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Continuum of Mammography Use among US Women: Classification Tree Analysis

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Objectives: To identify women with low mammography utilization. Methods: We used Classification Tree Analysis among women aged 42-80 from the 2008 Behavioral Risk Factor Surveillance System (N = 169,427) to identify sub-groups along a continuum of screening. Results: Women with neither a primary care provider nor health insurance had the lowest utilization (33.9%) and were 2.8% of the sample. Non-smoking women aged 55-80, with a primary care provider, health insurance, and income of $75,000 or more had the highest utilization (90.7%) and comprised 5% of the sample. Conclusion: As access to primary care providers and health insurance increases with the Affordable Care act, classification tree analyses may help to identify women of high priority for intervention.
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Document Type: Research Article

Affiliations: 1: Brown University School of Public Health, Department of Epidemiology, Providence, RI, USA. [email protected] 2: Brown University School of Public Health, Center for Population Health and Clinical Epidemiology, Providence, RI, USA 3: Brown University School of Public Health, Department of Epidemiology, Providence, RI, USA 4: University of California at Irvine, Department of Statistics, Irvine, CA, USA 5: Brown University School of Public Health, Department of Behavioral and Social Sciences, Providence, RI, USA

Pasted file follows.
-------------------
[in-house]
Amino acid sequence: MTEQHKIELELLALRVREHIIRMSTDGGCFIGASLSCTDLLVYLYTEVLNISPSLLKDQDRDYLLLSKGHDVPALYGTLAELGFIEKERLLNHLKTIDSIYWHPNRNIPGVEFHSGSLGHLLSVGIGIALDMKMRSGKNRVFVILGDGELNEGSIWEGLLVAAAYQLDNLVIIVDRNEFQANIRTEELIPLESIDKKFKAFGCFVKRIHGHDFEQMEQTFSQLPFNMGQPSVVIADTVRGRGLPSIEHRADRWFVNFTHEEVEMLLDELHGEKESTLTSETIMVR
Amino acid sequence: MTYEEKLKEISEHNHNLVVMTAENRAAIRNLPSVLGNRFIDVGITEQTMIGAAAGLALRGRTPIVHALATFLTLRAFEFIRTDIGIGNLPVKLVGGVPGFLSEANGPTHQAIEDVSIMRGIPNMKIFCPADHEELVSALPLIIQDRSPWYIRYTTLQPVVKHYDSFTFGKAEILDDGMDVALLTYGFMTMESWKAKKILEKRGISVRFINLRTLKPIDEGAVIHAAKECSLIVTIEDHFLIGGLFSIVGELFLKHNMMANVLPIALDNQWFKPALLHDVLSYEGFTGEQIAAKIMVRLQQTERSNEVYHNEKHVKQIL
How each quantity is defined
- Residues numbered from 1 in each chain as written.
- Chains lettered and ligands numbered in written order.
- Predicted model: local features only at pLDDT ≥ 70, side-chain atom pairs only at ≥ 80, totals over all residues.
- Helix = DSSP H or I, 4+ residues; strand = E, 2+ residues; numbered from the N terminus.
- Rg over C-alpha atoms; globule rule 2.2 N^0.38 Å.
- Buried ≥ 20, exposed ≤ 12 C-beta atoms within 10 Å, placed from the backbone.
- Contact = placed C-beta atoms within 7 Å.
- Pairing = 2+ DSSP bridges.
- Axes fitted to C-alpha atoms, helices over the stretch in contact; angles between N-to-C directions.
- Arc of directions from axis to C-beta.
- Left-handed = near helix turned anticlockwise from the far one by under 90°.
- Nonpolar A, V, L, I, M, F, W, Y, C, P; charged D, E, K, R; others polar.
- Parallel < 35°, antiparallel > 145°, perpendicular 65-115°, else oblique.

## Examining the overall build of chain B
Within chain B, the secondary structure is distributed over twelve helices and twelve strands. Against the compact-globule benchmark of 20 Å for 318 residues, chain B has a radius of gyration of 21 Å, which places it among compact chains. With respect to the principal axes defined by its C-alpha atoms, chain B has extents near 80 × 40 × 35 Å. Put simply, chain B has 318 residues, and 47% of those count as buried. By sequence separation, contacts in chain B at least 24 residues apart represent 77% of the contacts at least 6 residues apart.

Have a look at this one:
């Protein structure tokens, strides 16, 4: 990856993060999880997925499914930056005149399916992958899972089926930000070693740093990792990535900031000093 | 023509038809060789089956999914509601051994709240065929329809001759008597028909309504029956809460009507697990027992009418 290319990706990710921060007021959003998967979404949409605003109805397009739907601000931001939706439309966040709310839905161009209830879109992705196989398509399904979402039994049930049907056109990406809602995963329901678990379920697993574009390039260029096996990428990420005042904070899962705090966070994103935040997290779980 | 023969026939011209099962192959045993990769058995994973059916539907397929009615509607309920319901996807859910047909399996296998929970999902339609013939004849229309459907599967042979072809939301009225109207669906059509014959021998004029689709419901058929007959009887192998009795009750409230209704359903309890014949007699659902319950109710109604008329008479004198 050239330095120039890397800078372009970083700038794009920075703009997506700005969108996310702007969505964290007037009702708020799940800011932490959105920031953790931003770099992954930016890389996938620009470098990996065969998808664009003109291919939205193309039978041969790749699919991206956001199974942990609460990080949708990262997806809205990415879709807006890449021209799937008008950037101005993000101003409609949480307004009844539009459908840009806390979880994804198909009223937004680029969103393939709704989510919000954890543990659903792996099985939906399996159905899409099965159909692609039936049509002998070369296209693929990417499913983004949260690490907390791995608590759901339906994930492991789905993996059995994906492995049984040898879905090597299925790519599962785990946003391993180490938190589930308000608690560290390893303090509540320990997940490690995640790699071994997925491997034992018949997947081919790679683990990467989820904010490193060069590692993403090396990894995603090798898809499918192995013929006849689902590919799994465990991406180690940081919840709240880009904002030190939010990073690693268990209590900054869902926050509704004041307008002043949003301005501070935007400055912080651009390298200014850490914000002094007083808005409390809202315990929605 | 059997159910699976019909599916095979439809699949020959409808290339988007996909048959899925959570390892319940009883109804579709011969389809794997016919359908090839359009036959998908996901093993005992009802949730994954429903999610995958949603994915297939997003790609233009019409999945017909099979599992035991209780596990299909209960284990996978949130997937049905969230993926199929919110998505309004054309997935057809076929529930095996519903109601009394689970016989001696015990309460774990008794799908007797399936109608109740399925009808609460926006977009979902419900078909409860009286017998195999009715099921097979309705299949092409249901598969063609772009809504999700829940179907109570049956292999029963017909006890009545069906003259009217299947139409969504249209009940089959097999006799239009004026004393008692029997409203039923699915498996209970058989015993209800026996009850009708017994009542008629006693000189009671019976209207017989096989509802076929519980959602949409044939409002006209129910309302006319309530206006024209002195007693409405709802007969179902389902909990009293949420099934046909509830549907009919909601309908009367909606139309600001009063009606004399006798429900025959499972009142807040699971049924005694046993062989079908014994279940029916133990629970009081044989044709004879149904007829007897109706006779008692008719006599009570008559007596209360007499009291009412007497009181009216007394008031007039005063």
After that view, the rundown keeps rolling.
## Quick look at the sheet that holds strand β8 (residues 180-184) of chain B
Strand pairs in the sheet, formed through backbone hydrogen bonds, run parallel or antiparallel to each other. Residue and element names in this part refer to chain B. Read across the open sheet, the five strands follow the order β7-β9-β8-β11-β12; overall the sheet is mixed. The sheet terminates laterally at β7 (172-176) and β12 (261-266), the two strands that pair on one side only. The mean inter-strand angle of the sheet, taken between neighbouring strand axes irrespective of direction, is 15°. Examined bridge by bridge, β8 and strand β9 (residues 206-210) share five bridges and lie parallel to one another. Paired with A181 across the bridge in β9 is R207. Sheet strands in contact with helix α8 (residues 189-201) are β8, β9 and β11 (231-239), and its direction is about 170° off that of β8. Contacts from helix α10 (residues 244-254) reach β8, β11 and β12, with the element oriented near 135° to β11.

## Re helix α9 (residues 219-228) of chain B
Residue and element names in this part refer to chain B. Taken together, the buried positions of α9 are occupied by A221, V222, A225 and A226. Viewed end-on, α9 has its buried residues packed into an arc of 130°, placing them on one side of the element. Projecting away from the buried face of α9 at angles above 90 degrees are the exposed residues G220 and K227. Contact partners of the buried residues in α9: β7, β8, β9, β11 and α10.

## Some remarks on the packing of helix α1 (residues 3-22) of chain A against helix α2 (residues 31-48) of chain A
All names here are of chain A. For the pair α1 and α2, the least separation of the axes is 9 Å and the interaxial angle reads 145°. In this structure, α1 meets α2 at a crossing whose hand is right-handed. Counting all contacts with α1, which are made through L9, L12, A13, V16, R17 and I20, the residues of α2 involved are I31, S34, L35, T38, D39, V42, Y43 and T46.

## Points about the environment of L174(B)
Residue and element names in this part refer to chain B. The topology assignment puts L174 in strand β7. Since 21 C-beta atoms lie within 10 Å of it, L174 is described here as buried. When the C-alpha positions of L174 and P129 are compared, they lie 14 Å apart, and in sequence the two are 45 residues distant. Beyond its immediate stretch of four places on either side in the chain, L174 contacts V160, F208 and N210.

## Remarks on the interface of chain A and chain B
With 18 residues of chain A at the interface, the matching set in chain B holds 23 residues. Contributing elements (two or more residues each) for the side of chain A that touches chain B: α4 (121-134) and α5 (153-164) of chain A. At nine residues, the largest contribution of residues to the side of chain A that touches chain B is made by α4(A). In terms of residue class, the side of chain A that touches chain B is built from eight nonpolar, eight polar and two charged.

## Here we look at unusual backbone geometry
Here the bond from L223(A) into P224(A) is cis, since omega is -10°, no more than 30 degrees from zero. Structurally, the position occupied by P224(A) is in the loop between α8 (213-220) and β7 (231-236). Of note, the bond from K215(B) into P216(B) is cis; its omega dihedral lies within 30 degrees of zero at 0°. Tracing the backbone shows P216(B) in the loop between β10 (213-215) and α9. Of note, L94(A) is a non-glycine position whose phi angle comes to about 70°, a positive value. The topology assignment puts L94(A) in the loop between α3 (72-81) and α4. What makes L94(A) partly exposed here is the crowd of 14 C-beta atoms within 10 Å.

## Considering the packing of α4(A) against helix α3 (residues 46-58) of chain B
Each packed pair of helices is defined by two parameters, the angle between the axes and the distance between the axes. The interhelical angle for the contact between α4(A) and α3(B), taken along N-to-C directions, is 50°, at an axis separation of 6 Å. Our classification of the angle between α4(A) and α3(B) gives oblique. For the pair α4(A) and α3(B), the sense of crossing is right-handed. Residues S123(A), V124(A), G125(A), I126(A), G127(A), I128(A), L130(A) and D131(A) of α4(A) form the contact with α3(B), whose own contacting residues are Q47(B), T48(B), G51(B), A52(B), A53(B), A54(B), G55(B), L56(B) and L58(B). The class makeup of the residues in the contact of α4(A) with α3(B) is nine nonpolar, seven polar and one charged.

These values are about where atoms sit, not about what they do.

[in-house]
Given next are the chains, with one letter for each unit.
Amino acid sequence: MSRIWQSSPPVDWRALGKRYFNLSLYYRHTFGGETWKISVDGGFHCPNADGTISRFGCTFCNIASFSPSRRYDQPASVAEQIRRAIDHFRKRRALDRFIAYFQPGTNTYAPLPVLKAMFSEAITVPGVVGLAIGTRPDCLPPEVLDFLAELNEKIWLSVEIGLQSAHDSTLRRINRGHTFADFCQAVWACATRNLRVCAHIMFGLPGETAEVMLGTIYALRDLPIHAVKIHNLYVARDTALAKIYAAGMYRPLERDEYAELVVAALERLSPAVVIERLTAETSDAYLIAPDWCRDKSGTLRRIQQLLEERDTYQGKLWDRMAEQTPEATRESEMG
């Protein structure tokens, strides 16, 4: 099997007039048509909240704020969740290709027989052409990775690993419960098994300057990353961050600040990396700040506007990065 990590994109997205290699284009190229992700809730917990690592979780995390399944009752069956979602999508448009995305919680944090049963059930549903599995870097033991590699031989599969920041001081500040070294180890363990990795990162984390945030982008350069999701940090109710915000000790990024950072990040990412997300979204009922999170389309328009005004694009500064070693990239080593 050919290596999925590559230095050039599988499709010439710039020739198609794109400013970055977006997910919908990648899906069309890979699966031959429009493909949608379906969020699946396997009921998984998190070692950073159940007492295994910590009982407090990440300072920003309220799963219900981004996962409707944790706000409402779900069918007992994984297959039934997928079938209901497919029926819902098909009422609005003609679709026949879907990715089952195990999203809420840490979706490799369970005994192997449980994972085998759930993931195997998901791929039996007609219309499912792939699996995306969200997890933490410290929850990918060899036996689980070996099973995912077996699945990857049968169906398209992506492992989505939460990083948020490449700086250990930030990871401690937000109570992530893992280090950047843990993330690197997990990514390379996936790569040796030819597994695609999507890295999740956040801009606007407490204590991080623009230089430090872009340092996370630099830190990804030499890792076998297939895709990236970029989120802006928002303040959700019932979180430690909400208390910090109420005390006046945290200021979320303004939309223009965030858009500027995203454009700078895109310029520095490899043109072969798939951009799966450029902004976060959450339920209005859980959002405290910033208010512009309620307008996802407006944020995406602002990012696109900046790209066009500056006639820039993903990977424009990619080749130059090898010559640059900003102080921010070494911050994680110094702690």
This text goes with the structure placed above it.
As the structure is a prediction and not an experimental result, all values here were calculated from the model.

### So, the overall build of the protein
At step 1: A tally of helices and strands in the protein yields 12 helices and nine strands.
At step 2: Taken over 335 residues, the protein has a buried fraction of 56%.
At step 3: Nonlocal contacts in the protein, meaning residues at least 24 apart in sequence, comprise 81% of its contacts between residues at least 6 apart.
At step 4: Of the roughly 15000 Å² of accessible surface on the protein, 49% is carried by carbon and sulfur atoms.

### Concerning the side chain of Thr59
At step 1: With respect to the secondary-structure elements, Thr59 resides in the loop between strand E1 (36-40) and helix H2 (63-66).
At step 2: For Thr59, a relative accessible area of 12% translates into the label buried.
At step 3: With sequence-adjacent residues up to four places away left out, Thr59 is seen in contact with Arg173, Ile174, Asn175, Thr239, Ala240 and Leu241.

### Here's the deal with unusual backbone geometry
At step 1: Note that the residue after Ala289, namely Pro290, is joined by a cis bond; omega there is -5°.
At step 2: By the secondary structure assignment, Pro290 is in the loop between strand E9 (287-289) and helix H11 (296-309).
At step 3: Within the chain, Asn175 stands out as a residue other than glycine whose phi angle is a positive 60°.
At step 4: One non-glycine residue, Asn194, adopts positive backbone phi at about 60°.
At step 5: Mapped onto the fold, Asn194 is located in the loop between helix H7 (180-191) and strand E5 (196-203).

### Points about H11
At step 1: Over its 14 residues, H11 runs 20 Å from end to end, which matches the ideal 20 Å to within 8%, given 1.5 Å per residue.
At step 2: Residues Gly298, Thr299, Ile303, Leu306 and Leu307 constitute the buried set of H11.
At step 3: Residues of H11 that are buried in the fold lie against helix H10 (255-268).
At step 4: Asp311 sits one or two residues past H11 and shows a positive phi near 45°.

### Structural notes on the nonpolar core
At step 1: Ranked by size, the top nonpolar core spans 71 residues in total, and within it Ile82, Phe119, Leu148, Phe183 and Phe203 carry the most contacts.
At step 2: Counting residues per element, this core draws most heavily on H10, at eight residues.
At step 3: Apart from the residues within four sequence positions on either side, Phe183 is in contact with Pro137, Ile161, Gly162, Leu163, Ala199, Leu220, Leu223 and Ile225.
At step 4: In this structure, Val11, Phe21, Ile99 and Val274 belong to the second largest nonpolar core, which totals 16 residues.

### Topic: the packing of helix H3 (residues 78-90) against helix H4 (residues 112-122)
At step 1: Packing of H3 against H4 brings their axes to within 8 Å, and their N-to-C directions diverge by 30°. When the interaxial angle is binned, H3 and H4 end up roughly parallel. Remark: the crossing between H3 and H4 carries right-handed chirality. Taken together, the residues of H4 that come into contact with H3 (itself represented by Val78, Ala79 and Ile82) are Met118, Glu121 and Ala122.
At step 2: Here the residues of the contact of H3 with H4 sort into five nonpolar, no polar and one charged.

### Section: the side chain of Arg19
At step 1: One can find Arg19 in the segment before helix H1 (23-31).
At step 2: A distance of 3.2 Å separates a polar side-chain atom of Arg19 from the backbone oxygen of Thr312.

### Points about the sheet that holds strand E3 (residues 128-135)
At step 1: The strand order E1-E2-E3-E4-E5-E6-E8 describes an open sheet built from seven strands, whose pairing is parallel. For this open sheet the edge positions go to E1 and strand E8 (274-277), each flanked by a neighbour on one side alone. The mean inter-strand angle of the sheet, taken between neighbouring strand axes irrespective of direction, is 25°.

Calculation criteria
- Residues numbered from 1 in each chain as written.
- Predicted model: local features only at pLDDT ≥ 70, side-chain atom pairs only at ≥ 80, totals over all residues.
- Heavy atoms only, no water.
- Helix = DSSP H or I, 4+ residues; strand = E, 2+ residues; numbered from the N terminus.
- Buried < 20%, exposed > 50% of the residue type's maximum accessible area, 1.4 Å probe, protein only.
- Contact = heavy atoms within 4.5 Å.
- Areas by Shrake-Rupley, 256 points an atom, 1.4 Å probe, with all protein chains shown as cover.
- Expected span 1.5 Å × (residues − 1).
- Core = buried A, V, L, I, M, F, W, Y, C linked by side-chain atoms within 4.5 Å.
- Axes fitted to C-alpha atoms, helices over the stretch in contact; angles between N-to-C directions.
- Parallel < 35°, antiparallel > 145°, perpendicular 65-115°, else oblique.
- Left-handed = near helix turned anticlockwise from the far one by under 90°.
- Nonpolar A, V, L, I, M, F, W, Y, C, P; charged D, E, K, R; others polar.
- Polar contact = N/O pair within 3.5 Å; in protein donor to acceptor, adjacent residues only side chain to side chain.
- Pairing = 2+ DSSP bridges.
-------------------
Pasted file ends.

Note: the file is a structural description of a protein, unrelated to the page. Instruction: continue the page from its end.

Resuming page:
Publication date: 01 July 2014

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  • The American Journal of Health Behavior seeks to improve the quality of life through multidisciplinary health efforts in fostering a better understanding of the multidimensional nature of both individuals and social systems as they relate to health behaviors.

    The Journal aims to provide a comprehensive understanding of the impact of personal attributes, personality characteristics, behavior patterns, social structure, and processes on health maintenance, health restoration, and health improvement; to disseminate knowledge of holistic, multidisciplinary approaches to designing and implementing effective health programs; and to showcase health behavior analysis skills that have been proven to affect health improvement and recovery.

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